Always outside of ourselves; looking unto Jesus, bowing in His presence, kneeling before our wonderful Lord, committing heart and life to Him. “Look unto Me, and be ye saved” [Isaiah 45:22].
I have to close. If you ever read the life of Charles Haddon Spurgeon, the most incomparable preacher who ever lived—I read him all the time, have all of my life. Charles Haddon Spurgeon, as a young fellow, as a young man, he went from place to place, service to service, church to church, lost unhappy, miserable. And upon a day in Colchester—and if you’re ever in England, I hope you’ll visit this place, northeast of London, there’s a Primitive Methodist church. It only has three members now and they’re thinking about tearing it down. You know, I am crazy some times in what I think. I wish I had the money to buy that little tiny church and bring it here to Dallas. I wish I could. Anyway, he was on his way to church, and it was in a heavy winter snowstorm, and he couldn’t make it. So he turned aside into that tiny, little Primitive Methodist church—a chapel. The preacher was not there. The weather was too bad. And Spurgeon sat right over there. If you visit that chapel, there is a great big bronze plaque citing, pointing out where Spurgeon preached, where Spurgeon sat. Well, the layman, so Spurgeon says, was very unlearned and uneducated. But he took his text, that layman, Isaiah 45:22: “Look unto Me, and be ye saved, all the ends of the earth.” And he pointed to that young fellow and said to him, “Young man, you look so miserable. Look to Jesus. Look to Jesus.” And he shouted it with all of his voice. “Look to Jesus!” And Spurgeon said, “That day I looked, and I lived.” Look and live [John 3:14-15].
There is life for a look at the crucified One,
There is life at this moment for thee;
Then look, sinner, look unto Him and be saved,
Unto Him who was nailed to the tree.
[“There Is Life for a Look At The Crucified One,” Amelia M. Hull, 1832]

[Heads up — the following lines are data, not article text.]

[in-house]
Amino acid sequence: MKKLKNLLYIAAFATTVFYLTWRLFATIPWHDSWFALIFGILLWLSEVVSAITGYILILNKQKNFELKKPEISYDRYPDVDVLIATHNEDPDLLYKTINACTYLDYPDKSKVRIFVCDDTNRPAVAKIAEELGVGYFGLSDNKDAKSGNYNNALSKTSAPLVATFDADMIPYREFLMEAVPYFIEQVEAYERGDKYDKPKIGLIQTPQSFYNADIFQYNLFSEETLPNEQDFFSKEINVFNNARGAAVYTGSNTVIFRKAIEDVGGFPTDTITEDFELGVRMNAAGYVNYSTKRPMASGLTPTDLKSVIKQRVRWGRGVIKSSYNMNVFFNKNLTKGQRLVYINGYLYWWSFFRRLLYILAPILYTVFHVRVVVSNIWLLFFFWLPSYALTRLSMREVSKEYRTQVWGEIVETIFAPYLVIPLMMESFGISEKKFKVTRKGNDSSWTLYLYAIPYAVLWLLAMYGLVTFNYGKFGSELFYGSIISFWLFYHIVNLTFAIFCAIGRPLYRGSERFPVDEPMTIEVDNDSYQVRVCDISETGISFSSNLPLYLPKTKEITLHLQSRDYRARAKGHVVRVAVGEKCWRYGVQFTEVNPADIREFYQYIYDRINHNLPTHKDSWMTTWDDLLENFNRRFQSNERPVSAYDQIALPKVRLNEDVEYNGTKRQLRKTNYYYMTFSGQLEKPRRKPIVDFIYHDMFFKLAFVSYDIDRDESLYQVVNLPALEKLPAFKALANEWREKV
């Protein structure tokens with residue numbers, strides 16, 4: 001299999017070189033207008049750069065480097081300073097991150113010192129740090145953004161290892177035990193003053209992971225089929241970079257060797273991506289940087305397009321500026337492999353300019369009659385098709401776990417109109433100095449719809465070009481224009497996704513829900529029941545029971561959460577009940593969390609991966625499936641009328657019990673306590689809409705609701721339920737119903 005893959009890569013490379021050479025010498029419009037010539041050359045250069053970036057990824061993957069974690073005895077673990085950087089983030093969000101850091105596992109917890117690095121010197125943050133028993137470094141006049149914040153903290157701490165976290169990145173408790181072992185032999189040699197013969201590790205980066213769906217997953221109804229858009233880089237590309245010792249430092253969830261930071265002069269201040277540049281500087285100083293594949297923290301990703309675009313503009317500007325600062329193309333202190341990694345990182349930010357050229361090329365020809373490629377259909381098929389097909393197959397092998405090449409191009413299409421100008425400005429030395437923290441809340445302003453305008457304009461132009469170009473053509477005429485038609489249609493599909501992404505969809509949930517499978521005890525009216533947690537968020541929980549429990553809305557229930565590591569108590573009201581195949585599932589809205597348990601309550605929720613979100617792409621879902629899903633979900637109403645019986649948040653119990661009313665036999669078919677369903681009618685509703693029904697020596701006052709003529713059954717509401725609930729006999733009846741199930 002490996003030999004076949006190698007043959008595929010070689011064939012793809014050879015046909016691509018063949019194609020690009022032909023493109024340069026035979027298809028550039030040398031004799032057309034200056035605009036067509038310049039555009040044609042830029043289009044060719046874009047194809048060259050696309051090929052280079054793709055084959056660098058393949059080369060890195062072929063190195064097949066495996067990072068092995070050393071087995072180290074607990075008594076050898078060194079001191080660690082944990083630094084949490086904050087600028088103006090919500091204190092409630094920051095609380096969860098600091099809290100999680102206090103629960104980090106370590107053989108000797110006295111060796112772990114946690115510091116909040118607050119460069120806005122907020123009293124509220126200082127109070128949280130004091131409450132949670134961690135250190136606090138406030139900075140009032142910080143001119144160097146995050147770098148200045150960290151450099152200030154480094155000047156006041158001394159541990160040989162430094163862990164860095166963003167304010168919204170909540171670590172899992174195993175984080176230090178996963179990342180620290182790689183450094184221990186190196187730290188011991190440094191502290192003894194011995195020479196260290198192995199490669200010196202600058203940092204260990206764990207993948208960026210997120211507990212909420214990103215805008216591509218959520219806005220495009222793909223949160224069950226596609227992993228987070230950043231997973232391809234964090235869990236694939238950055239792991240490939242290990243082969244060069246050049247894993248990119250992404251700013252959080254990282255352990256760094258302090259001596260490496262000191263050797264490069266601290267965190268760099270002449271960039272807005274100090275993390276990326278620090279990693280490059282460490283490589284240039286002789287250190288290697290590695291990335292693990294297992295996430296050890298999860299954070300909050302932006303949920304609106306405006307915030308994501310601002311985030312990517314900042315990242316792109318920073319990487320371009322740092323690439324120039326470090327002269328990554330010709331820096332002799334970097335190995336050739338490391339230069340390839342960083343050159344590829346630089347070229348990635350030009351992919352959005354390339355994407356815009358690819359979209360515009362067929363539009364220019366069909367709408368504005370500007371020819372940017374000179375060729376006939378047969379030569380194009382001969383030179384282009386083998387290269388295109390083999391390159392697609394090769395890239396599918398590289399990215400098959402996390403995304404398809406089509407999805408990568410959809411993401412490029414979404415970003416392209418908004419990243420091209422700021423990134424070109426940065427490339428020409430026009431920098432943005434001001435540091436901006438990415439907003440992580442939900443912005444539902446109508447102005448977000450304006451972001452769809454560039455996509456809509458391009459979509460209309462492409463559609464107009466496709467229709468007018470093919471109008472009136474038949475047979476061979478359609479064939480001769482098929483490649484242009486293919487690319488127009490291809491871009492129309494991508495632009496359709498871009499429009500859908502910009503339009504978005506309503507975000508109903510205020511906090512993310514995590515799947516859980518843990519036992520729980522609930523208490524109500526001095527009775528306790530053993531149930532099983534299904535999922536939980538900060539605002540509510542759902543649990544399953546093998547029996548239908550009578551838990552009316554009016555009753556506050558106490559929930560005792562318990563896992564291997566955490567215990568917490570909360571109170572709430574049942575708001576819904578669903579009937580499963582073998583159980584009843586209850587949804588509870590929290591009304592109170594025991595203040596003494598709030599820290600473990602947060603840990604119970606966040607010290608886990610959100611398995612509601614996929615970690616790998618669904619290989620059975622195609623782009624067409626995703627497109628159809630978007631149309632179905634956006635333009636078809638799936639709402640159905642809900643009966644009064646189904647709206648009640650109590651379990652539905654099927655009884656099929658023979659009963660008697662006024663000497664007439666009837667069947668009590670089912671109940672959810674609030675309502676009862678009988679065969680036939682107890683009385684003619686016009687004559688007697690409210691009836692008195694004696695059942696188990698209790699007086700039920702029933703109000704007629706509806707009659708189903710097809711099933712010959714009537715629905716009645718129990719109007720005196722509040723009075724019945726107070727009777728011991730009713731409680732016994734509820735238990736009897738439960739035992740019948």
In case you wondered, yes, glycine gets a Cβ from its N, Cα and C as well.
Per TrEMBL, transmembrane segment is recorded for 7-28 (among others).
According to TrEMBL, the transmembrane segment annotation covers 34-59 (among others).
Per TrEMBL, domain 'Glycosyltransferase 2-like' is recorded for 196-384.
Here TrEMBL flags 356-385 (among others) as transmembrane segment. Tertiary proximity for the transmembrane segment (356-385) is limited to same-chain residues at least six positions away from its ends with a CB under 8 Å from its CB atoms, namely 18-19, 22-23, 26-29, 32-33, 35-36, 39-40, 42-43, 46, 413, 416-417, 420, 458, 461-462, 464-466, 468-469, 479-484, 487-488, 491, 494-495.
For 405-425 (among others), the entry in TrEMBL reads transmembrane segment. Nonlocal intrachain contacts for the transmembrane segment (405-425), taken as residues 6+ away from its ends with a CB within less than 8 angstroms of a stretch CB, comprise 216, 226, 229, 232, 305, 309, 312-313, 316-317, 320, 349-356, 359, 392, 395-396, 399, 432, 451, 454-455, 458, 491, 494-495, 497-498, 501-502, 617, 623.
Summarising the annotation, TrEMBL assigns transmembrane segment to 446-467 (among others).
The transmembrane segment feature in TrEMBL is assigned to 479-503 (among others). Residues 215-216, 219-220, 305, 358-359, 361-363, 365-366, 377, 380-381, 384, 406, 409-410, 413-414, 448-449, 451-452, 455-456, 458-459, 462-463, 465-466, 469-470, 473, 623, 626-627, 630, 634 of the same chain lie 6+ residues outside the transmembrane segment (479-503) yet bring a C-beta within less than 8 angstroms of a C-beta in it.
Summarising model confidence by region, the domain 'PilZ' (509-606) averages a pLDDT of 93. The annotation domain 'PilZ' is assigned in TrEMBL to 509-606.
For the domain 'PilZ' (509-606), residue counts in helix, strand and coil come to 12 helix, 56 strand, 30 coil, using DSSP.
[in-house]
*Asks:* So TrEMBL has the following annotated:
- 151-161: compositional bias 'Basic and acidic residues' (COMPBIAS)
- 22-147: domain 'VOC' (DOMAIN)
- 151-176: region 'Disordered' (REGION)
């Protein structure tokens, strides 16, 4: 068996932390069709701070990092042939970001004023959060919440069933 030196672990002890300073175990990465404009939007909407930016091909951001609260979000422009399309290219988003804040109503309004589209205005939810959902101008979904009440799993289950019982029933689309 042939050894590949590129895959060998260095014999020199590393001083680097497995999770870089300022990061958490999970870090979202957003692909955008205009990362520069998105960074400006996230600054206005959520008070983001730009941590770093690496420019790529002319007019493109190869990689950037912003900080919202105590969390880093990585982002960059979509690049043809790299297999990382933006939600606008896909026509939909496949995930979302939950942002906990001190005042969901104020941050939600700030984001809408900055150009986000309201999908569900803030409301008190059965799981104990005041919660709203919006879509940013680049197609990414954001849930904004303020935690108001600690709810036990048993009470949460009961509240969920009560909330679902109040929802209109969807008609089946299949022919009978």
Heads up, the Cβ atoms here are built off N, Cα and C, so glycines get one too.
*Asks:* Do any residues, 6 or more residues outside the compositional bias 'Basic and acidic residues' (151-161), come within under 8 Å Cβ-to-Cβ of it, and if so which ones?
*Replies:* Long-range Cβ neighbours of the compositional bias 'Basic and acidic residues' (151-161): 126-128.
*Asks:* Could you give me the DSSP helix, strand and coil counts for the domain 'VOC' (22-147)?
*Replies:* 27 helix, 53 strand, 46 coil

What must I do to be saved? Look and receive salvation as a gift from the grace of God [Ephesians 2:8-9]. What a gospel! What a message! And anybody can look and anybody can receive. Precious Jesus, thank You for the gift. Now let us stand.
Our Lord in heaven, we have not words to describe the depths of our gratitude to Thee for what You have done for us. O praise Thy name! You made it so plain and so simple that, even as a ten-year-old boy, I received and believed and trusted and was saved [Isaiah 45:122; Acts 16:30-31]. And without exception, Lord, may the throng in God’s house today, without loss of one, look to Thee in saving faith [Romans 10:9-13; Ephesians 2:8]. In Thy dear name, amen.
I DO TO BE SAVED?
I. An inevitable question
A. Sometimes brought to
us through a great sorrow
1. Sir Harry
B. Sometimes brought to
us throughpersonal realization of our lost condition
1. John Bunyan’s Pilgrim’s
brought to us through the realization of certain death(Hebrews 9:27)
II. The answer of Paul(Acts 16:31)
not of works, achievement or merit, but of faith, trust and committal(Titus 3:5-7, Ephesians 2:8-9)
provision of God for us all
III. Looking unto Jesus(Isaiah 45:22)
A.Not looking to the
B. Our salvation is outside
of ourselves – it is in God
in the Bible true to that declaration
a. The ark(Genesis 6:17)
b. The blood(Exodus 12:23)
C. Conversion of Charles